- Trust Based Relational Intervention (TBRI) Caregiver Training: This training with demonstration of competency of using the TBRI in-home therapy manuals and materials is expected within the first year.
- Child and Adolescent Wellbeing Scale (CAWS): This clinical tool, developed by the Karen Purvis Institute for Child Development with the support of The Baby Fold, is used to assess attachment and emotional felt-safety.
- Dyadic Developmental Psychotherapy PACE Training (Playfulness, Acceptance, Curiosity, and Empathy): This therapeutic intervention developed by Dan Hughes is used for enhancing attachment between children with trauma and their caregivers.
- Successfully build a full case load of 10 families. This level of service provision must be established prior to advancing to the next training in the program and maintained for progression to the following stages of training.
- Level 1 Theraplay training with the Theraplay Institute, with demonstration of competency in using the Marschak Interaction Method assessment tool and Theraplay interventions with families.
- Year 2: This part of the program addresses skills necessary for Stages II and III of Herman’s model of trauma processing. This entails remembrance and mourning, as grief and loss is associated with trauma and adoption. Therapists focus on assisting the children and families in attaining the coping and communication skills for attending to grief, loss, and engagement in trauma processing. Therapists learn how to adjust the speed of therapy to ensure the pace is appropriate for the child and family to maintain felt-safety within the home.
- Phase I and II of Eye Movement Desensitization and Reprocessing (EMDR) with 10 hours of consultation. Therapists must demonstrate they understand and can use this intervention, as well as understand how to adjust the speed of the intervention to the needs of individual clients.
- Integrative EMDR: Therapists learn to combine the elements of other therapies, specifically Theraplay, to enhance attachment and build skills in preparation for trauma processing.
- Begin Phase 1 Training in Neurosequential Model of Therapeutics (NMT).
- Complete supervision hours towards licensure in field of practice (LCSW, LMFT, LCPC, PhD- Clinical Psychology). Upon receipt of licensure, fellows will receive a $1,000 salary increase (in addition to any other annual salary increases).
- Year 3: This part of the training assists new therapists in the integration of various therapeutic interventions and skills to individualize treatment specific to the needs of each client.
- EMDR Integrative Team Treatment for Attachment Trauma in Children Protocol training and certification with the Nebraska Trauma Institute and EMDRIA.
- Monthly supervision with the Nebraska Trauma Institute consultant.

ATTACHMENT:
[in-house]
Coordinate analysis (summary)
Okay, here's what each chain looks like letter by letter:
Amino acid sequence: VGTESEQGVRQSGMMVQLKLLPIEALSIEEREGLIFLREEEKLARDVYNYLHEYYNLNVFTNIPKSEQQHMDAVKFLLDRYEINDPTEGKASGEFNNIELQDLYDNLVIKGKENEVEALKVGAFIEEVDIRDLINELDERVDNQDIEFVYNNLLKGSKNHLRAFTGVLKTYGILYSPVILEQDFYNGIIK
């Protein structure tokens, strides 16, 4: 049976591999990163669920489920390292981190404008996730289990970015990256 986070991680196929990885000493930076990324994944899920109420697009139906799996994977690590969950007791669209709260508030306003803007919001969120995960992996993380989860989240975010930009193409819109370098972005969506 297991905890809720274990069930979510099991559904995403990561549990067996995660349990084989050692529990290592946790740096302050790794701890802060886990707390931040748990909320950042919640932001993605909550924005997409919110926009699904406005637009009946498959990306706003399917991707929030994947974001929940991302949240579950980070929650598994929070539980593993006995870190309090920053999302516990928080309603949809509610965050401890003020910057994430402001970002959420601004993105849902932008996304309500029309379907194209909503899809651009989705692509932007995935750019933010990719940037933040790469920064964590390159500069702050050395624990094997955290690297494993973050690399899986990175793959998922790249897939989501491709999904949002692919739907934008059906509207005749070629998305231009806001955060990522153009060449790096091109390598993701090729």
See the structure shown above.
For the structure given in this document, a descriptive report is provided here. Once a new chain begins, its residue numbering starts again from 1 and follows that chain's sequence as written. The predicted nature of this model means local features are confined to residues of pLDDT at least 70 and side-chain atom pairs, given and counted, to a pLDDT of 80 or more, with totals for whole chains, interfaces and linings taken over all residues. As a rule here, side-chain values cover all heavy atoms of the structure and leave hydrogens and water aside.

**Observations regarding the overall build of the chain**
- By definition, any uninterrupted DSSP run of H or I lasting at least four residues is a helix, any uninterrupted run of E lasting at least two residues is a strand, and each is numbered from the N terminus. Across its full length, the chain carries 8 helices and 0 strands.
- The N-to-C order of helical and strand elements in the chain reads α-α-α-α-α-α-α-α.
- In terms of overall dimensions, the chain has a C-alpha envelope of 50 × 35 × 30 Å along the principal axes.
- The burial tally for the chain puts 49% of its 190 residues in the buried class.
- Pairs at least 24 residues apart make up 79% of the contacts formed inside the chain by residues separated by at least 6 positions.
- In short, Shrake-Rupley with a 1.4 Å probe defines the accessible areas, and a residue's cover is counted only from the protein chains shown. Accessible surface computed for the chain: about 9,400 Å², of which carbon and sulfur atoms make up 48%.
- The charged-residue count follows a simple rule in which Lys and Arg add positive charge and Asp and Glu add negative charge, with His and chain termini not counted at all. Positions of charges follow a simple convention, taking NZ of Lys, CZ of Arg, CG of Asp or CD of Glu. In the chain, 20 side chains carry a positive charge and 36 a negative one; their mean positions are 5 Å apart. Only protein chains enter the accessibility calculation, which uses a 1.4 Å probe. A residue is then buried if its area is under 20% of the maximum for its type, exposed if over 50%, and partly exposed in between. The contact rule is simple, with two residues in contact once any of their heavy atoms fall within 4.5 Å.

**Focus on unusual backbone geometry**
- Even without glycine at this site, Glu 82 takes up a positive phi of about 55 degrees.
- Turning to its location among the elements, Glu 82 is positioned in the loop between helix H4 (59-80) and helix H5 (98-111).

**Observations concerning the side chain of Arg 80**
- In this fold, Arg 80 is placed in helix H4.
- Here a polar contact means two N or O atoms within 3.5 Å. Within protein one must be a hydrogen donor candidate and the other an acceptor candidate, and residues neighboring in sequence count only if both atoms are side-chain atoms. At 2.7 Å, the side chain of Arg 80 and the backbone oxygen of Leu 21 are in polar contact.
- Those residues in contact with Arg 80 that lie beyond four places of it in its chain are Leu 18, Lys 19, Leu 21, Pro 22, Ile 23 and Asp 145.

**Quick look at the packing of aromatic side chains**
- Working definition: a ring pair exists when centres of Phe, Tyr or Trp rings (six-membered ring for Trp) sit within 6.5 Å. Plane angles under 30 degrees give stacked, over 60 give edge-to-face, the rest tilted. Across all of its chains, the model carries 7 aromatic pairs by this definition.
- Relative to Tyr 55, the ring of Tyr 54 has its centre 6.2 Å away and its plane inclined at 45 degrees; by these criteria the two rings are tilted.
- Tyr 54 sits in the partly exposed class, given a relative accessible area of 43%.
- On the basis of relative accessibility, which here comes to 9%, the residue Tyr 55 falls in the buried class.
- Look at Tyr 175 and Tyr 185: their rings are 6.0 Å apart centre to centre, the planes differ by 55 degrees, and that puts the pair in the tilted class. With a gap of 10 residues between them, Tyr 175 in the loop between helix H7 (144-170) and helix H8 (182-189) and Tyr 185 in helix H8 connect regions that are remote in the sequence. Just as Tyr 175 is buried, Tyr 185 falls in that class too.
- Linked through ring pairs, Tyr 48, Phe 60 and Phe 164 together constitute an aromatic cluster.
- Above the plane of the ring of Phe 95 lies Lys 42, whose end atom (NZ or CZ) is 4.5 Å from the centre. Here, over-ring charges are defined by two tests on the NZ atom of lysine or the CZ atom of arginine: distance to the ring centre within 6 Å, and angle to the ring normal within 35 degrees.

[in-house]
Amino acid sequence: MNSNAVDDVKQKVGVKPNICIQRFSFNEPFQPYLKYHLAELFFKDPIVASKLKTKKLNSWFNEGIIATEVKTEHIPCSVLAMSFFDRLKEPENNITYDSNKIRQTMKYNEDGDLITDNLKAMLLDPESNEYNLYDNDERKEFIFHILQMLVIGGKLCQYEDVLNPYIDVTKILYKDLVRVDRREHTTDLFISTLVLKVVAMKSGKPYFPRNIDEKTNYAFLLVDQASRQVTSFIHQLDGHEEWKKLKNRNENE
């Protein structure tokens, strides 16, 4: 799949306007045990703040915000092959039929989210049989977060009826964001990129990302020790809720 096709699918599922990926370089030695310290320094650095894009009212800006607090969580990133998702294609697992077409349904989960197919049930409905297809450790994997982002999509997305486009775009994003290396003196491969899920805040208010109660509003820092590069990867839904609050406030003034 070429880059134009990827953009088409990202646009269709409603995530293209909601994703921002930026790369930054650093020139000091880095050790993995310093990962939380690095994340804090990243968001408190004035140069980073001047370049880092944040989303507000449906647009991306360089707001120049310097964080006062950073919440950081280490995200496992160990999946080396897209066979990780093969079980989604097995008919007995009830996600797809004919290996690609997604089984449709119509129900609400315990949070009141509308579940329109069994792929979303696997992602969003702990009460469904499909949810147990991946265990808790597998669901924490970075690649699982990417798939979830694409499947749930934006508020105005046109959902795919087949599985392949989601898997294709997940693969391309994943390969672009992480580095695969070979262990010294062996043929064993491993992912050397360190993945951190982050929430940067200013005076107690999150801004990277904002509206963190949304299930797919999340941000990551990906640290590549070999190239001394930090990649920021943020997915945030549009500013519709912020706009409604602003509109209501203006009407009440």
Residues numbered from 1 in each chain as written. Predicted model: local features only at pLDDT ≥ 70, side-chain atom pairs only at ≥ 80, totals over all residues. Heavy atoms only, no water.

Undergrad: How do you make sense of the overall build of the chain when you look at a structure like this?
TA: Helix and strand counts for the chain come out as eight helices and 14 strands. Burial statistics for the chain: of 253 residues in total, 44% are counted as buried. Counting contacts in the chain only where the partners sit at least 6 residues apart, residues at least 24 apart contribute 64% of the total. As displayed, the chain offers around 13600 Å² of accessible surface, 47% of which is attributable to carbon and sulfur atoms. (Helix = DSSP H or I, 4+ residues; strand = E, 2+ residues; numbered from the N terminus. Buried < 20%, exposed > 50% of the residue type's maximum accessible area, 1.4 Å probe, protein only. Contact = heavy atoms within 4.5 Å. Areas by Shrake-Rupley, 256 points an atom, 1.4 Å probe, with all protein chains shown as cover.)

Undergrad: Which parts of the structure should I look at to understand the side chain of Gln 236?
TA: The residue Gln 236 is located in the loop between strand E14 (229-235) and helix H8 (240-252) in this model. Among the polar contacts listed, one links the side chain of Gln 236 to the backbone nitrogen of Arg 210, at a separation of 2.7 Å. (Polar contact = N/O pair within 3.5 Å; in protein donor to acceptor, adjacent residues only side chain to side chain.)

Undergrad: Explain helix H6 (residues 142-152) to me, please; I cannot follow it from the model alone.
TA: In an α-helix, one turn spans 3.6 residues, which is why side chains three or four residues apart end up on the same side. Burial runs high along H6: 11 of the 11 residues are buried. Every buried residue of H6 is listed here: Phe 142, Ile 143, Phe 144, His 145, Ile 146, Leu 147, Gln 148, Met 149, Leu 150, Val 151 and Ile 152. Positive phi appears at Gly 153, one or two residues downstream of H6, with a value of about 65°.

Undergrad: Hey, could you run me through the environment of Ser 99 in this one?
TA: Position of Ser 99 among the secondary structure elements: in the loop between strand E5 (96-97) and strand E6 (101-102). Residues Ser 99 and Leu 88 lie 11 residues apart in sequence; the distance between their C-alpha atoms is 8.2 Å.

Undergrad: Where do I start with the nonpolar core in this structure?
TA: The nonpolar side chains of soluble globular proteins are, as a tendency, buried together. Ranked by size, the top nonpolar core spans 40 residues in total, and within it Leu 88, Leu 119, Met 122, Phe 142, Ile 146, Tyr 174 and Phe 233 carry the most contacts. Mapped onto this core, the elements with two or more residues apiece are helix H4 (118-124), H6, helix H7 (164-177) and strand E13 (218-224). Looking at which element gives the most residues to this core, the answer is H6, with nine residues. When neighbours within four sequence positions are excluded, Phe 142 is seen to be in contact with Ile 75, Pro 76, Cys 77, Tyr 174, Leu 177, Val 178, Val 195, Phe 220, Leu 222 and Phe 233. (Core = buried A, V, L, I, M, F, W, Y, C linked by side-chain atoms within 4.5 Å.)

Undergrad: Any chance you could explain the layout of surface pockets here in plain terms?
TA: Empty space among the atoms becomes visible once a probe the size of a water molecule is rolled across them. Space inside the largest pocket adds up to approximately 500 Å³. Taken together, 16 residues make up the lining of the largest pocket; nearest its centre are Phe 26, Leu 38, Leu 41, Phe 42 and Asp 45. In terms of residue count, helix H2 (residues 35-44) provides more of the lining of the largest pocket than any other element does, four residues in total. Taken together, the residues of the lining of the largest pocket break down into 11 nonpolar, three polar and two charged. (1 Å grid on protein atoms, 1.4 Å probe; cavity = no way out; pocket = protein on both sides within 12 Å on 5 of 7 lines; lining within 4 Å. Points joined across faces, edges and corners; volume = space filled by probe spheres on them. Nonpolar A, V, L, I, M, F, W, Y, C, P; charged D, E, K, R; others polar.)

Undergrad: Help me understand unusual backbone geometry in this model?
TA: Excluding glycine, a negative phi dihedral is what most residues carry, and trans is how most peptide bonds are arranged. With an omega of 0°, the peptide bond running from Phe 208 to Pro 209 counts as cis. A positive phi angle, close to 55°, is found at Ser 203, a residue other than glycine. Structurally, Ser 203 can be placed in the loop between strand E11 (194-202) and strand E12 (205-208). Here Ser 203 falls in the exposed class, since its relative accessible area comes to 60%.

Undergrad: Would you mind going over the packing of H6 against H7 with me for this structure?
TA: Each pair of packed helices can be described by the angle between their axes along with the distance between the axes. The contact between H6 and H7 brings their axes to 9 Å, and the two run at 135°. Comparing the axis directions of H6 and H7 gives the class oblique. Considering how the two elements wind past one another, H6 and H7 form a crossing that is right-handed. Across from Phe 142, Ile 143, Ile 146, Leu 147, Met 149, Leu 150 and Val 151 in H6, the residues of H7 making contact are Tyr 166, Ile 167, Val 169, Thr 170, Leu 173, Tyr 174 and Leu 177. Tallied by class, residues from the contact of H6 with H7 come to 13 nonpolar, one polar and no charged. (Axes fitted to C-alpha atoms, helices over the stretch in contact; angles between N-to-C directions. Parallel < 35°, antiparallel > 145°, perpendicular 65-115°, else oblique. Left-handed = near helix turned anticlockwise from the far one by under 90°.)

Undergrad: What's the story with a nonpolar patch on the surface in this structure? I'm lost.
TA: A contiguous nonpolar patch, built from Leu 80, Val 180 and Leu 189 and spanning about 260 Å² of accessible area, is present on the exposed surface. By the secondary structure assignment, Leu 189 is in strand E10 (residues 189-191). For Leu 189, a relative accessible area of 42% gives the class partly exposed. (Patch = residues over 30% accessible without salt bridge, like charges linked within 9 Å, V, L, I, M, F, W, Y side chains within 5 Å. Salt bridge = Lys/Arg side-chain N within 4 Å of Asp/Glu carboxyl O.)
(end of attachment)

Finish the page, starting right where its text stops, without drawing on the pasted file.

- Support towards achieving eligibility for EMDR Certification.
- Fellows will be provided the supervision, consultation, and training towards Certification in EMDR.
- Fellows will be provided with potential clients to work towards the minimum requirements of the Certification in EMDR
- Fellows will be expected to pay for their own EMDR Certification as Certification requires membership with EMDRIA and completion of the requirements set by that organization. Some Fellows may not achieve the EMDRIA required 25 clients by three-year mark, but they will have their supervision and training towards Certification for when they are ready to request that from EMDRIA.
- Completion of Phase 1 training and Certification in NMT.
- Based upon the availability of training dollars, Fellows who have committed to staying at The Baby Fold following their completion of their Fellowship and Certification can submit an application to attend a Trust Based Relational Intervention Practitioner training.
- Fellows are expected to participate in weekly 90-minute supervision using reflective practices. Success in use of reflective practices in the field, as assessed by the direct supervisor, will be an expected competency for completion of the program.
- Fellows are provided a quarterly review of their progress with their supervisors, Dr. Rob Lusk and Dr. Kathleen Bush.
- Fellows are expected to attend their scheduled consultation sessions.
- Fellows are expected to maintain productivity and a caseload that meets the contractual requirements of the Adoption Support and Preservation program.
- Request for Certification is submitted by the supervisor with evidence of the completion of the above tasks and verified by the Advisory Council.
Herman, J. L. (2002, January 4). Recovery from psychological trauma. Retrieved from https://onlinelibrary.wiley.com/doi/full/10.1046/j.1440-1819.1998.0520s5S145.x
Advisory Council Members
Dr. Mark Swerdlik
Dr. Jennifer Imig-Huffman
The Baby Fold's Attachment and Trauma Fellowship and Certification Program is proud to partner with:
Bruce Perry’s Child Trauma Academy (NMT)
Karyn Purvis Institute for Child Development (TBRI)
Attachment and Trauma Center of Nebraska (Integrative Attachment EMDR)
The Theraplay Institute
Council on Accreditation